Brazil will reap a record grain harvest of 163.3 million tons this year, a gain of two per cent over 2011, the IBGE statistics agency says. The IBGE's latest forecast, based on July data is 1.6% higher than the previous projection.
The upward revision is due mainly to improved prospects for the maize crop, which is now expected to come in at 71.5 million tons, up 27% from last year.
Despite weather-related losses in the first half of 2012, the IBGE expects a bumper maize harvest thanks to improving environmental conditions and an expansion of 9.6% in land under cultivation.
These numbers reflect the good prices the product is finding in the market, which makes the growers opt for cultivation and increases investment in technology, the IBGE said on Thursday.
Global maize prices are rising due to crop losses in drought-stricken areas of the United States.
The soy harvest, however, is expect to fall 12.2% to 65.8 million tons because of unfavourable weather, while the rice crop is projected to shrink by 14.9% from last year, mainly as a result of less land under cultivation.
Corn, soy and rice together account for 91% of crop output in Brazil, one of the world's leading agricultural producers and exporters.
Half of the 26 crops tracked by the IBGE are forecast to enjoy bigger harvests in 2012, including cotton, up 4.9%; oats, 13.5%; and barley, gaining 15.6%. But IBGE is projecting declines in output of sugarcane and wheat, among others.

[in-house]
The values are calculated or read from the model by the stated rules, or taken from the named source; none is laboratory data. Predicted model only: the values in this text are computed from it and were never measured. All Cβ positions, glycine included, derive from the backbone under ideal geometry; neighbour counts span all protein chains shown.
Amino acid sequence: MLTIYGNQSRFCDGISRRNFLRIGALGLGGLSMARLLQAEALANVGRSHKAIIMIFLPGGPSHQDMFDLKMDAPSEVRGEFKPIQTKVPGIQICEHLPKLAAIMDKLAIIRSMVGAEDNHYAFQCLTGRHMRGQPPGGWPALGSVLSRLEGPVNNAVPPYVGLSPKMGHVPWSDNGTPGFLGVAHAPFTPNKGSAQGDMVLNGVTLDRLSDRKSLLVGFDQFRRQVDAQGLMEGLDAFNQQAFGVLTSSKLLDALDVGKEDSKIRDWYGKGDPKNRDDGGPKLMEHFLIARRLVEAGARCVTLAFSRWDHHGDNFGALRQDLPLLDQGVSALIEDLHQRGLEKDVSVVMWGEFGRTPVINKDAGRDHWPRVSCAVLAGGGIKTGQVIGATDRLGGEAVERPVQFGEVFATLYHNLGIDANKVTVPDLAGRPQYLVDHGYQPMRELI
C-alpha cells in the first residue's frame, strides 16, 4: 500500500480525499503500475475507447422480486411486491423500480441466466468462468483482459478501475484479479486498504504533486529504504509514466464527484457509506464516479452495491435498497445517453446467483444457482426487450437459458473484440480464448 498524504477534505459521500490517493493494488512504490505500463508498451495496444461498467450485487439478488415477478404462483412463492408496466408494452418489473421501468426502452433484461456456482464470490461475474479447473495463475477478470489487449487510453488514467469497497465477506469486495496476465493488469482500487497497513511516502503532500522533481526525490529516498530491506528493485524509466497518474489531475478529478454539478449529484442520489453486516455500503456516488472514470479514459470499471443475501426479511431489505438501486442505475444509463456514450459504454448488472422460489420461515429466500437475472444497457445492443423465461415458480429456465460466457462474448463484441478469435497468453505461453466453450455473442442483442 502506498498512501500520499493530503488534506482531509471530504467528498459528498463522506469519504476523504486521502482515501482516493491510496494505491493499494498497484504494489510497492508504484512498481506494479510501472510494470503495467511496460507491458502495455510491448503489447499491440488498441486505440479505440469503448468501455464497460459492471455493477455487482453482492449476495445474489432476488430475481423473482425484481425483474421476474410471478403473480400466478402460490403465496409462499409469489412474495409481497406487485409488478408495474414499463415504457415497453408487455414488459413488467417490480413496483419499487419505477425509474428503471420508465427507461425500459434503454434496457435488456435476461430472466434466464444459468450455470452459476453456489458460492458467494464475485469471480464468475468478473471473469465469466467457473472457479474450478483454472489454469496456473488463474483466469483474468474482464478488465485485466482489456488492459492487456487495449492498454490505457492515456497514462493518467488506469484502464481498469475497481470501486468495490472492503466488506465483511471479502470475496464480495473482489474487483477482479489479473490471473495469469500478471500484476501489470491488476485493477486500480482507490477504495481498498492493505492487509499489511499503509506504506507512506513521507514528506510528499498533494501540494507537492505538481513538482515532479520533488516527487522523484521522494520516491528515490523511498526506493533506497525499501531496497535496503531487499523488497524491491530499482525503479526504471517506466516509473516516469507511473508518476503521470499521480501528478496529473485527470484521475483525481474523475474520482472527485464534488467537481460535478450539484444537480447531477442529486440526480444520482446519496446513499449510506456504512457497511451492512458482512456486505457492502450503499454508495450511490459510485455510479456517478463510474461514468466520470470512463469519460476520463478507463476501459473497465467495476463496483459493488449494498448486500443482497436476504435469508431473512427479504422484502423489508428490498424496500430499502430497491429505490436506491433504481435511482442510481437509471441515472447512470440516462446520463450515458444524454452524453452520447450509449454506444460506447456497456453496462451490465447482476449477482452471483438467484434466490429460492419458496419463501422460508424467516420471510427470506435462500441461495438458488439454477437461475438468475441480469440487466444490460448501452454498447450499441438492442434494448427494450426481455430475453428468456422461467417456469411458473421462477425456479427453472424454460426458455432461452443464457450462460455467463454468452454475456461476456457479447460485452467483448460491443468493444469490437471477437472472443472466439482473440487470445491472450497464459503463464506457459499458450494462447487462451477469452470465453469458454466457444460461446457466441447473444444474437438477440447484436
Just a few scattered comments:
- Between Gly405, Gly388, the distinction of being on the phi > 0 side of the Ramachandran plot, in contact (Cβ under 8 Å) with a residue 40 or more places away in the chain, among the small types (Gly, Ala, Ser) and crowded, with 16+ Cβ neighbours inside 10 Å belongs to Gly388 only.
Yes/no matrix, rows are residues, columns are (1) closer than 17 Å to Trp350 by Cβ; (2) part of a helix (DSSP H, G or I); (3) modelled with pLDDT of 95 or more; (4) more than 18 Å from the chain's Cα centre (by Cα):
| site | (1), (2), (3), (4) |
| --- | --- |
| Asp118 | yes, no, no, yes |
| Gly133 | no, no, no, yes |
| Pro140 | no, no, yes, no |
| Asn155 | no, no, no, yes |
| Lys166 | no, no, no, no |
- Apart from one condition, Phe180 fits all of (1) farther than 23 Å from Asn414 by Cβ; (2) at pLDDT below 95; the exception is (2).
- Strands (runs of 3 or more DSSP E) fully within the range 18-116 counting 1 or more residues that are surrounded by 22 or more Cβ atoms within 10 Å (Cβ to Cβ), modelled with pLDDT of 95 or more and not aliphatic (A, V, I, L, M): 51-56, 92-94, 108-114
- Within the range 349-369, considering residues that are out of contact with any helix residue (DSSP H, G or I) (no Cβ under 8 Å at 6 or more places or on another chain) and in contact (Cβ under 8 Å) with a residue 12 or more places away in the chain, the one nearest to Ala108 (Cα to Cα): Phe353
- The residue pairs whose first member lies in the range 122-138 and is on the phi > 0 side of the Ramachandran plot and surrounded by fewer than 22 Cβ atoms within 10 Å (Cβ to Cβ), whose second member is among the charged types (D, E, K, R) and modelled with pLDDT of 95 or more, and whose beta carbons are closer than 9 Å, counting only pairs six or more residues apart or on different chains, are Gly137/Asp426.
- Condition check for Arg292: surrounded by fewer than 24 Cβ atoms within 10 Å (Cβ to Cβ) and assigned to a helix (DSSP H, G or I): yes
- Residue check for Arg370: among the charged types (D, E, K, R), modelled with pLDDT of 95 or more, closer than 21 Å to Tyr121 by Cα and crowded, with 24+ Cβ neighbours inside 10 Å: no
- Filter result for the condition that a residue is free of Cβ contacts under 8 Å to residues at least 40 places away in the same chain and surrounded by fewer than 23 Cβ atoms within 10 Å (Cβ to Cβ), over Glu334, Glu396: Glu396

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I know maize 'corn' is mostly a commodity traded as animal feedstuffs but, why oh why, can't Walmart, etc, in Brasil sell tender maize cobs for human consumption?Aug 11th, 2012 - 10:14 am 0
I get the feeling they are happy selling animal feed for humans to eat.
#1Aug 12th, 2012 - 02:26 am 0
Must be a troll
Some crop spp production up, some down. Brasil's maize prices up because of Jet Stream anomaly over North America.Aug 12th, 2012 - 03:20 pm 0
The balances between home consumption and export, and between ethanol production, human food and livestock food are all thrown out of kilter.
The impact on food aid can be massive ... the loss of life through starvation in the third world, disasterous.
But my 'troll' question still remains - why let human food maize enter the market-place when it has become so over-ripe and tough that it is inedible? What are the hypermarket Buyers thinking about? They wouldn't do it in the USA or the UK.